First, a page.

iPhone & Lightroom – A Photography Love Affair

It has been said that the best camera you have is the one you have with you. There is some truth to that statement, but I have never felt it 100%. Until recently, that is. Just over a month ago I finally took the plunge and picked up an iPhone 4. I spent quite a while shopping phone features, and was hung between getting an Android phone and an iPhone.

I decided that as a photographer, I should let the quality of the camera built into the phone make the decision for me. Needless to say, I got the iPhone.

The Android phone I was considering had a higher resolution camera, 8 megapixels versus the iPhone’s 5. But when comparing real world shots, in varying conditions, the iPhone simply produced better images, and my mind was made up. The iPhone 4 produces wonderfully sharp images, with a punchy saturation and little noise when properly lit. For my needs, it is the perfect replacement to the cheap point and shoots I have been carrying around for years.

5 megapixels is enough for good prints, the lack of optical zoom is no biggie for me as I shoot with prime lenses on both my digital and film SLR kits. My iPhone is a pocket camera that lets me make calls and send messages.

Getting the iPhone also reignited my love for photography. I had been getting burned out. My personal life has been chaos, and my last few weddings I shot were not artistically fulfilling and the overall experiences were not that great. My Canon DSLR’s had been gathering dust for a few months, and my trusty Minolta X-700 sat in my trucks most days, with the roll of Kodak Gold 200 sitting on frame 4 for months.

Once I got the iPhone, I was drawn to playing around with the camera and the apps that took advantage of it.

I got into Hipstamatic pretty hardcore. I love the retro feeling I got from the app itself and the images it created. The screen becomes a camera back, with only a small square in which to compose images.

When you shoot a picture, you have to wait for it to process, there is no instant gratification. I found that I truly liked that feature. Hipstamatic made my iPhone into something akin to a modern day Polaroid 600.

The downside, Hipstamatic photos are rather highly processed, leaving little room for further manipulation at the computer.

After spending time with apps like Hipstamatic, Shake It, and Instagram, I quickly found myself taking most of my shots with the default camera app. The images are not overly processed, much like taking a jpg from a digital point and shoot.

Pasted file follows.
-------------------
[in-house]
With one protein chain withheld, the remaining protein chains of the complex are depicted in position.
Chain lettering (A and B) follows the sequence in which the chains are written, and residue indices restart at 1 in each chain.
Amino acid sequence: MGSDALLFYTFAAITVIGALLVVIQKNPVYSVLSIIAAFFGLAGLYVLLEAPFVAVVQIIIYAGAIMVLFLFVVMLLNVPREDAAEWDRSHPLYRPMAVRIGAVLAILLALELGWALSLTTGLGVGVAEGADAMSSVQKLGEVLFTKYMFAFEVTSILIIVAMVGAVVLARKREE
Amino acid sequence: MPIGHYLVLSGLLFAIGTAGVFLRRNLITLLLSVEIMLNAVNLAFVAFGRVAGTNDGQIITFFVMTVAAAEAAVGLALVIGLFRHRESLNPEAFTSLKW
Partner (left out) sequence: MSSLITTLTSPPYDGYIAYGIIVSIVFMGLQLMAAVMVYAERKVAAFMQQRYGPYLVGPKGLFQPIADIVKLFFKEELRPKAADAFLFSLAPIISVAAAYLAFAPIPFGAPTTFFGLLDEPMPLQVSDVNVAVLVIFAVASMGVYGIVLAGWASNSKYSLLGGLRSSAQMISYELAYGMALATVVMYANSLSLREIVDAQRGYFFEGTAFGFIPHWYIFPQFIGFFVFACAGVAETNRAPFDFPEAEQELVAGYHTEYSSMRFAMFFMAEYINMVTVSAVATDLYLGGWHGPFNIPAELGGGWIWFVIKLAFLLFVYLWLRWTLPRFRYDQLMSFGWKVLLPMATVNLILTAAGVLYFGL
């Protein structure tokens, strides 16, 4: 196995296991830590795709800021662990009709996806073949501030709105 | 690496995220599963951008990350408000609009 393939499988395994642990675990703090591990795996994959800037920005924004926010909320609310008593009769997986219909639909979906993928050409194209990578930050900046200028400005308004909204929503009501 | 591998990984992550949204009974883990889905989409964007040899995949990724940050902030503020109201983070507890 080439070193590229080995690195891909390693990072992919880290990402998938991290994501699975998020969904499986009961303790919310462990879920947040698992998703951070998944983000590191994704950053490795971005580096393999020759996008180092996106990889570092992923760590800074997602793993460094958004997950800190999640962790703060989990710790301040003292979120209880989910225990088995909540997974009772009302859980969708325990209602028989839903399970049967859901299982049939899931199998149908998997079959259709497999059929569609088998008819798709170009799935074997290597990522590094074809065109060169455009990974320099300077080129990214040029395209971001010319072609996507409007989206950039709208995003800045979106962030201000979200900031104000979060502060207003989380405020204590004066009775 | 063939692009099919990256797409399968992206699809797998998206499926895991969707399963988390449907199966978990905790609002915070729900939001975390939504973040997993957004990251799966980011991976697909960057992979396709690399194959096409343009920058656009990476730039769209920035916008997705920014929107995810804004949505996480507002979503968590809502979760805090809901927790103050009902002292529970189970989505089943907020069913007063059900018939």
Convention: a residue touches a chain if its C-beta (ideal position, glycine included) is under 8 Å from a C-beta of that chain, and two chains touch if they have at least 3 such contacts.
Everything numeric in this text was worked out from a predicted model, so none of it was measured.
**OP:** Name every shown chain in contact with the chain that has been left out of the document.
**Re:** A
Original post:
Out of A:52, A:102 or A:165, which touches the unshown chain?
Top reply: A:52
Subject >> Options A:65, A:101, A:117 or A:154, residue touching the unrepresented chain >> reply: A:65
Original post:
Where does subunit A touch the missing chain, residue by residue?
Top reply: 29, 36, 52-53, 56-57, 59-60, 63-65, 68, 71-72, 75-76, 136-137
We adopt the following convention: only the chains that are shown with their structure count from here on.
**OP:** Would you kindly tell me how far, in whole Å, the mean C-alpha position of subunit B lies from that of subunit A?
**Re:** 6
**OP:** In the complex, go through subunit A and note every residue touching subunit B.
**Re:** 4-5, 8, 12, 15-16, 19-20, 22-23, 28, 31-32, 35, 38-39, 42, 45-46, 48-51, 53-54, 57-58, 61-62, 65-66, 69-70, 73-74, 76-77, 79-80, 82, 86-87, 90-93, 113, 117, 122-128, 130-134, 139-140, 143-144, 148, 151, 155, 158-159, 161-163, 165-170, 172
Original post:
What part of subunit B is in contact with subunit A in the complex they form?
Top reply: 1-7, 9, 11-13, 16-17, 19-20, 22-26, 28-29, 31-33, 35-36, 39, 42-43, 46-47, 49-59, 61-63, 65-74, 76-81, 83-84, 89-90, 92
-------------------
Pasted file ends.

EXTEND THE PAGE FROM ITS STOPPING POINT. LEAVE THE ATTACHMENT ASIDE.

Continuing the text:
Plus, the built in HDR feature allows better image quality from the shots right off the bat; which is good, as there is no way to manually meter.

Using these default images, it was time to see what magic I could work with Lightroom and Photoshop. By simply applying the knowledge I had accrued from working in Lightroom with normal 8-bit jpegs, I have been able to get quality images, and large prints, from the rather simplistic, fixed lens iPhone camera.

When working on iPhone images in Lightroom, the working mantra is “Less is More”. 8-bit Jpegs cannot be manipulated as thoroughly as the RAW files we are all accustomed to working with, adjustments must be made lightly and judiciously, as you can rapidly crap up a great shot.

So, to help explain, I am going to walk through the editing of a single image I took with my iPhone. Hopefully, this will help you glean some tricks that will help you make the most of your iPhone images.

So, in the Develop Module I have selected an image that is fairly well exposed. I find myself working on HDR shots more often than not, as they generally have a better exposure, due to blending of exposures in camera. This shot I chose was a normal exposure, no HDR and not manipulation by another app.

The first issue with jpegs is blown highlights and shadow clipping. So my first step is always to turn on the clipping warnings and then try to eliminate as much of the clipping as possible.

The red areas are locations of highlight clipping and the blue areas are clipped shadows. Step one is to use the Basic tools to reduce the appearance of these warnings. To fix up this image, I needed to drop Blacks to 0 and increase Recovery to 36, which eliminated most of the warning patches.